Stepping into the Eric Carle Museum of Picture Book Art in Amherst, Mass., visitors find themselves entering an adventure filled with hungry caterpillars, brown bears and colorful seahorses.
The museum’s mission is simple: To inspire a love of art and reading through picture books.
Local resident Eric Carle, the creator of more than 70 picture books, including The Very Hungry Caterpillar, founded the museum with his wife Barbara in 2002 to create a museum in the U.S. that would honor picture books both as works of art and for their educational value. Hailed as the only full-scale museum of its kind in the country, The Carle includes a collection of more than 10,000 picture book illustrations, three art galleries, an art studio, a theater, and picture book and scholarly libraries.
The museum’s sun-filled art studio features long tables and art supplies for visitors young and old to create their own works of art. The reading library is a comfortable space that hosts popular children’s book authors and illustrators such as Eric Carle, Mo Willems, Diane deGroat, Norton Juster and Jeff Kinney, and offers reading times in which children are asked to think about what happens next in a story.
In 2013, the museum received the Commonwealth Award for Creative Learning, the state’s highest award for educational programs.
“We consider ourselves both an important local cultural institution and a significant center, internationally, for the enjoyment and study of picture books and illustration,” says Alexandra Kennedy, the museum’s executive director.
Each year, more than 50,000 people from throughout the world visit the museum, which has mounted nearly 100 exhibitions including The Wonderful Art of Oz and the upcoming Madeline at 75: The Art of Ludwig Bemelmans. One gallery, dedicated to Carle’s works, tells the story of his life through his artwork from childhood into adulthood.
“Children and adults all over the world have a common thread of how Eric Carle has inspired them,” says Courtney Waring, The Carle’s director of education. “Picture book art is popular because it is so accessible.”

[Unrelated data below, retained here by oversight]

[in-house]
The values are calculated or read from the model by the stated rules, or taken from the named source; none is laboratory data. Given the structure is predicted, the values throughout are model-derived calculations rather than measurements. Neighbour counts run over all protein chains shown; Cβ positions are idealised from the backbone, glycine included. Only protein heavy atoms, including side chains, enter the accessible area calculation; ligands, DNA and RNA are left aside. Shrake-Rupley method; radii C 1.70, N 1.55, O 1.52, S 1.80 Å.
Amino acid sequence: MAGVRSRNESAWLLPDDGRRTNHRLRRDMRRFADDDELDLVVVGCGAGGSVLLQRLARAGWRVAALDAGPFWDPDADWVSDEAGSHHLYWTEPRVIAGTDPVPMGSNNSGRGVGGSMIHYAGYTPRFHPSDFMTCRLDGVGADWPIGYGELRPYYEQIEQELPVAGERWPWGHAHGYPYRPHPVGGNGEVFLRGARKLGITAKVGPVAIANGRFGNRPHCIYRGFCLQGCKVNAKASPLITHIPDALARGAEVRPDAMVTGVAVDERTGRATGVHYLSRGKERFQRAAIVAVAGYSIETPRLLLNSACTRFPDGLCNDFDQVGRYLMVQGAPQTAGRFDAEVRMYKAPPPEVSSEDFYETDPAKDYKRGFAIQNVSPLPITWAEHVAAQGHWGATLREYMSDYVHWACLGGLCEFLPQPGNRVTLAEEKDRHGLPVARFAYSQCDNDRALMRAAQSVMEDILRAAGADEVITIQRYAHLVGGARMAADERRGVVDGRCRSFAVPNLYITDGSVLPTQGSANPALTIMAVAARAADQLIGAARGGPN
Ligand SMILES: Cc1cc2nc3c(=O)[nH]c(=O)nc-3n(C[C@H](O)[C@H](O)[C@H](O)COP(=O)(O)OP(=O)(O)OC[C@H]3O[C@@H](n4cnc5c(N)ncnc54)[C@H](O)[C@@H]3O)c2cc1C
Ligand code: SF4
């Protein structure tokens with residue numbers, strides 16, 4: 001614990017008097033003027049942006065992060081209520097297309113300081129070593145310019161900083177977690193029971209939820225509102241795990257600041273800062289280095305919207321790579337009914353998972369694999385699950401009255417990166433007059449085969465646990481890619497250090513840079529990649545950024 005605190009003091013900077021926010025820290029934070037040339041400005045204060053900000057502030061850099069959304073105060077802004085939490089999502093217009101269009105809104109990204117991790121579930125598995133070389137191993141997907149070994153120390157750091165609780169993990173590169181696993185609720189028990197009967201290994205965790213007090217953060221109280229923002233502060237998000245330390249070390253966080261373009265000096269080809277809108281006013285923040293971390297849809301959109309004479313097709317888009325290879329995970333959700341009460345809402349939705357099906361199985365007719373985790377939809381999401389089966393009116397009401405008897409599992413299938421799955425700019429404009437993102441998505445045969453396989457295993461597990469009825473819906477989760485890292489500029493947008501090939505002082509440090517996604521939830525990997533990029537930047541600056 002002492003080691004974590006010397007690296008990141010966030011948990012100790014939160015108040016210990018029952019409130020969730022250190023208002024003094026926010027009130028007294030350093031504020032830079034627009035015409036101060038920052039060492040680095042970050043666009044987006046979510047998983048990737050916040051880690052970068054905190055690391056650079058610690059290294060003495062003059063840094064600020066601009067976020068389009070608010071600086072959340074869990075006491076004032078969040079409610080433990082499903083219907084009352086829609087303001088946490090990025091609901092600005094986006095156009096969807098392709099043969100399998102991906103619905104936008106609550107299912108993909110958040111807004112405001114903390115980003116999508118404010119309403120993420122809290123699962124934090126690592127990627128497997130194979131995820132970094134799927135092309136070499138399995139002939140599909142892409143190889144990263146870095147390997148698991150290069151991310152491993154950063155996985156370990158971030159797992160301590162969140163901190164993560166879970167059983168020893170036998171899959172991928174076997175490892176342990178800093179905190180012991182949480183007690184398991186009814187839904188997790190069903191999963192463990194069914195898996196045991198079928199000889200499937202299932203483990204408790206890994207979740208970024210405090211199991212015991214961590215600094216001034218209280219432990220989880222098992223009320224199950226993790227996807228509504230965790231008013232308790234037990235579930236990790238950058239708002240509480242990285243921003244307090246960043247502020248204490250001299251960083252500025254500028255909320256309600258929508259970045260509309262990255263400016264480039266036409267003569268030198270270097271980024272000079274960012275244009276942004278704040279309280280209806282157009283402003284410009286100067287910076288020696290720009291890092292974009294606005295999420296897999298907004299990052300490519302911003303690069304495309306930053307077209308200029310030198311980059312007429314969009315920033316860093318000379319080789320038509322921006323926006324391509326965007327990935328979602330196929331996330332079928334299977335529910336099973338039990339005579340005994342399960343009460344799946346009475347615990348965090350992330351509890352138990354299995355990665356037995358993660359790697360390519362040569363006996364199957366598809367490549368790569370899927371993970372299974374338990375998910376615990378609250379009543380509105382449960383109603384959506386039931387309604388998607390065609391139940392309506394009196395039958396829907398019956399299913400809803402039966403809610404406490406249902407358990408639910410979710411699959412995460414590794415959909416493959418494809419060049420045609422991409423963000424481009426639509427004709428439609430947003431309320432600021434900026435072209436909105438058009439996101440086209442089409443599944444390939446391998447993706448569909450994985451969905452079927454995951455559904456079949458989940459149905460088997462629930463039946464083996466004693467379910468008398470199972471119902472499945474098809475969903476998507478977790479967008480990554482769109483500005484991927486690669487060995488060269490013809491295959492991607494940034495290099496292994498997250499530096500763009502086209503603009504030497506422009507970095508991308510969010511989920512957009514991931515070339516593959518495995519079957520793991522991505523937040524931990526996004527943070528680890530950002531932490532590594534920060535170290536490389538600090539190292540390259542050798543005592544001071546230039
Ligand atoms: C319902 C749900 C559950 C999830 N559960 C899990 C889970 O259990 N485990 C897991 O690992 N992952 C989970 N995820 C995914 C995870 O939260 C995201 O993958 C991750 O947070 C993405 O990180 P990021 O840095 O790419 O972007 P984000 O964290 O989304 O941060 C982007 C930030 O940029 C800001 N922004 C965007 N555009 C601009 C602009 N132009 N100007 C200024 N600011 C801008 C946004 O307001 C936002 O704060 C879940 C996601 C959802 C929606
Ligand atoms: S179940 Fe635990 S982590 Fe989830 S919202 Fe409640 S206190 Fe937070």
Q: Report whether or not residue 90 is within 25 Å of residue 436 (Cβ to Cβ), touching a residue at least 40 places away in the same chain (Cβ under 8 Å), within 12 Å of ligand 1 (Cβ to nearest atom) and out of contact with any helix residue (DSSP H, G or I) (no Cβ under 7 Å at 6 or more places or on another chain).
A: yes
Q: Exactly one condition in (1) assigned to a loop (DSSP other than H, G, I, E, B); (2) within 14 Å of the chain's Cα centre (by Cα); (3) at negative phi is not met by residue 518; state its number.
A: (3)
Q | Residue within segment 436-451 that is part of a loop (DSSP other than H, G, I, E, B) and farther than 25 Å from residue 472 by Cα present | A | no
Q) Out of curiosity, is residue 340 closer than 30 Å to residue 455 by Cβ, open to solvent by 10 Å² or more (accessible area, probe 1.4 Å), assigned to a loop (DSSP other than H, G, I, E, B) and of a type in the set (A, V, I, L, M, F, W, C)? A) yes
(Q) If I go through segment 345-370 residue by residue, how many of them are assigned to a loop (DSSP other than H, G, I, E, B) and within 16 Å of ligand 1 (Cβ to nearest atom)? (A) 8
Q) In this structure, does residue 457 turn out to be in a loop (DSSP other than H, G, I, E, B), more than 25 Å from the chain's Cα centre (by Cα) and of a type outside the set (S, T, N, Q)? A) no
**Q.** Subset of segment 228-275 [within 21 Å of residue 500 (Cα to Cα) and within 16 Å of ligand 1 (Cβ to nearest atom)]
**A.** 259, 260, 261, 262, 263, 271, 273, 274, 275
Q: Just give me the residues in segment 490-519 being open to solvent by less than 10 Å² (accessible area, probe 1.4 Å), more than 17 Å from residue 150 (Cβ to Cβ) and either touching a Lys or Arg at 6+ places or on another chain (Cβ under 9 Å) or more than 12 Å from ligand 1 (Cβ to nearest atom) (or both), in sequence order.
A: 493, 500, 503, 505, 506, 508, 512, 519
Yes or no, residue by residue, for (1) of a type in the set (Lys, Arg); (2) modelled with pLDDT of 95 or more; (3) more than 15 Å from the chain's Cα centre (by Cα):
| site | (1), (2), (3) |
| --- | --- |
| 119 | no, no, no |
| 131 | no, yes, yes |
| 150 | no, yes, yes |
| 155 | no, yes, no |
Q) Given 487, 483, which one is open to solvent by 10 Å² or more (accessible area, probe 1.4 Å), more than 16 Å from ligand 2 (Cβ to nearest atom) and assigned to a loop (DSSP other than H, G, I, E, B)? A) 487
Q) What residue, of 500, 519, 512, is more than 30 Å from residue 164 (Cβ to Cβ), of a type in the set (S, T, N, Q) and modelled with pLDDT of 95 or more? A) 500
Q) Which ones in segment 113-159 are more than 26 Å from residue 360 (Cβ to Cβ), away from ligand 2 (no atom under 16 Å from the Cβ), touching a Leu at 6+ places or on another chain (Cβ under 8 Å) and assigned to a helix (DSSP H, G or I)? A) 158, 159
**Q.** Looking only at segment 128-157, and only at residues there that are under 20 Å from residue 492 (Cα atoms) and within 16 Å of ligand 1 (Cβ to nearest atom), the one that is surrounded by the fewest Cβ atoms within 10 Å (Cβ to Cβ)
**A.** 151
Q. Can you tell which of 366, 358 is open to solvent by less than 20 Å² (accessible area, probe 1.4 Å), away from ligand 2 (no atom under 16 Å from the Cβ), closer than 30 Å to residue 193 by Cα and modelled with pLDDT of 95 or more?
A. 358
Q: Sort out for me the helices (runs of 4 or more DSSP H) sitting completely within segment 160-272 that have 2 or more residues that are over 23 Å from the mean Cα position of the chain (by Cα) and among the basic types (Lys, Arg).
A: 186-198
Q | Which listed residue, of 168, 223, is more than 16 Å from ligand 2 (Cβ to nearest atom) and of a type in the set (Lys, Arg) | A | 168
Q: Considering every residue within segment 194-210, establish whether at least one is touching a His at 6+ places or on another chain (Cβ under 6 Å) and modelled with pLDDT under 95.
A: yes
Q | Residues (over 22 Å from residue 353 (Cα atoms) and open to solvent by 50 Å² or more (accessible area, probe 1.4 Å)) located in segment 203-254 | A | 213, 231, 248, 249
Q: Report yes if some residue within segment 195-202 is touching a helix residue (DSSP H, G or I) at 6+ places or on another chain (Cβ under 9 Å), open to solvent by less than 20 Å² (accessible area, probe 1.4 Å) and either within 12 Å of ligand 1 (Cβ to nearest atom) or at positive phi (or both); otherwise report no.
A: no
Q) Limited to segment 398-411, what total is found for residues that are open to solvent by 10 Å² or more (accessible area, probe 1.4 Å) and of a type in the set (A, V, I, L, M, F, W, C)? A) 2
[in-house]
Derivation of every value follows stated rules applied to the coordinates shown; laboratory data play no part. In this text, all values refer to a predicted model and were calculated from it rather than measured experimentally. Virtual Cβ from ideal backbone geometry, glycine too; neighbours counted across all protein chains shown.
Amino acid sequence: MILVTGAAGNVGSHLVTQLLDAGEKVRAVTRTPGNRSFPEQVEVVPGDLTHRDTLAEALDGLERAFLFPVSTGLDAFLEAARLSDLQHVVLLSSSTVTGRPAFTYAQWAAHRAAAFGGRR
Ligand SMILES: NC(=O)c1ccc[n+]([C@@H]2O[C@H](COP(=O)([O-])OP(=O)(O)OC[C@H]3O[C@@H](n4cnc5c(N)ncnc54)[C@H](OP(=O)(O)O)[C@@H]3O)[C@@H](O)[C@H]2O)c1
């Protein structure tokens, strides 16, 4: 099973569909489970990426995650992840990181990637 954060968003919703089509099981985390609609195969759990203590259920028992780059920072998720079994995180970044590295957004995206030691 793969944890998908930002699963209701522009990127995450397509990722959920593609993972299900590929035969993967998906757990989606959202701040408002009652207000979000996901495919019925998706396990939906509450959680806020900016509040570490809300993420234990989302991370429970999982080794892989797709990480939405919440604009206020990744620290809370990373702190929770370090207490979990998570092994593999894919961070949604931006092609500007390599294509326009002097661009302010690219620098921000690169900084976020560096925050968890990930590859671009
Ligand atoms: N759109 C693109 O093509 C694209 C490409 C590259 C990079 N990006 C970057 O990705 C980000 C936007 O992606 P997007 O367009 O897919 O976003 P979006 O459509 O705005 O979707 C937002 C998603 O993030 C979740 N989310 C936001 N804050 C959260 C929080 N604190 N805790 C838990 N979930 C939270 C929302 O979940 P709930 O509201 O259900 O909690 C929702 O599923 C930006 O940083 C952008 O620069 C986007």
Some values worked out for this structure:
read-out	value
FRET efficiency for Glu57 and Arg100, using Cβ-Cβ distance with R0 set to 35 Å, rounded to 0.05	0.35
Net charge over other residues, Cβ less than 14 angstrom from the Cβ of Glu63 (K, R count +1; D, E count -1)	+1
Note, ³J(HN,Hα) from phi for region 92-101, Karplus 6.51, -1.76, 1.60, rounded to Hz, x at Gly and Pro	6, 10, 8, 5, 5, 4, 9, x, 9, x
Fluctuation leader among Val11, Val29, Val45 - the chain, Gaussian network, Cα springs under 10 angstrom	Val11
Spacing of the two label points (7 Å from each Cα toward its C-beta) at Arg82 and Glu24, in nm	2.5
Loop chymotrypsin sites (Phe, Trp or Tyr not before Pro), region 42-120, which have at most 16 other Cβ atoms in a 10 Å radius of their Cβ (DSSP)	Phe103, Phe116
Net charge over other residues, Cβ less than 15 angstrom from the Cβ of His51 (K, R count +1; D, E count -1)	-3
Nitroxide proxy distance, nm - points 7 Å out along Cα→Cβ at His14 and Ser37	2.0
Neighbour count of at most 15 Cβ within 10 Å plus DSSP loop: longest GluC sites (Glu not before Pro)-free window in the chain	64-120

In addition to its popularity with visitors from other countries, local children and adults have embraced their museum, located in the Pioneer Valley, a region known for its many resident authors and illustrators.
“Local families make regular trips to The Carle as an important tradition,” Kennedy says.
Destination: Picture Book Education
The museum, built aside an apple orchard next to Hampshire College, maintains a focus on education and offers professional arts integration training for educators, as well as four on-site graduate programs in children’s literature in collaboration with Simmons College. Waring says the museum takes its programs to local schools and also sends its educators to train teachers throughout the country.
It’s also a popular destination for New England school field trips, and teacher Rachael Funk each year brings her first graders to The Carle from Glastonbury, Conn.
“The Carle is farther than our usual field trips, but the experience is so worthwhile,” Funk says. “A visit connects the thrill of reading to the artwork and engages even the students who don’t think they are interested in reading.”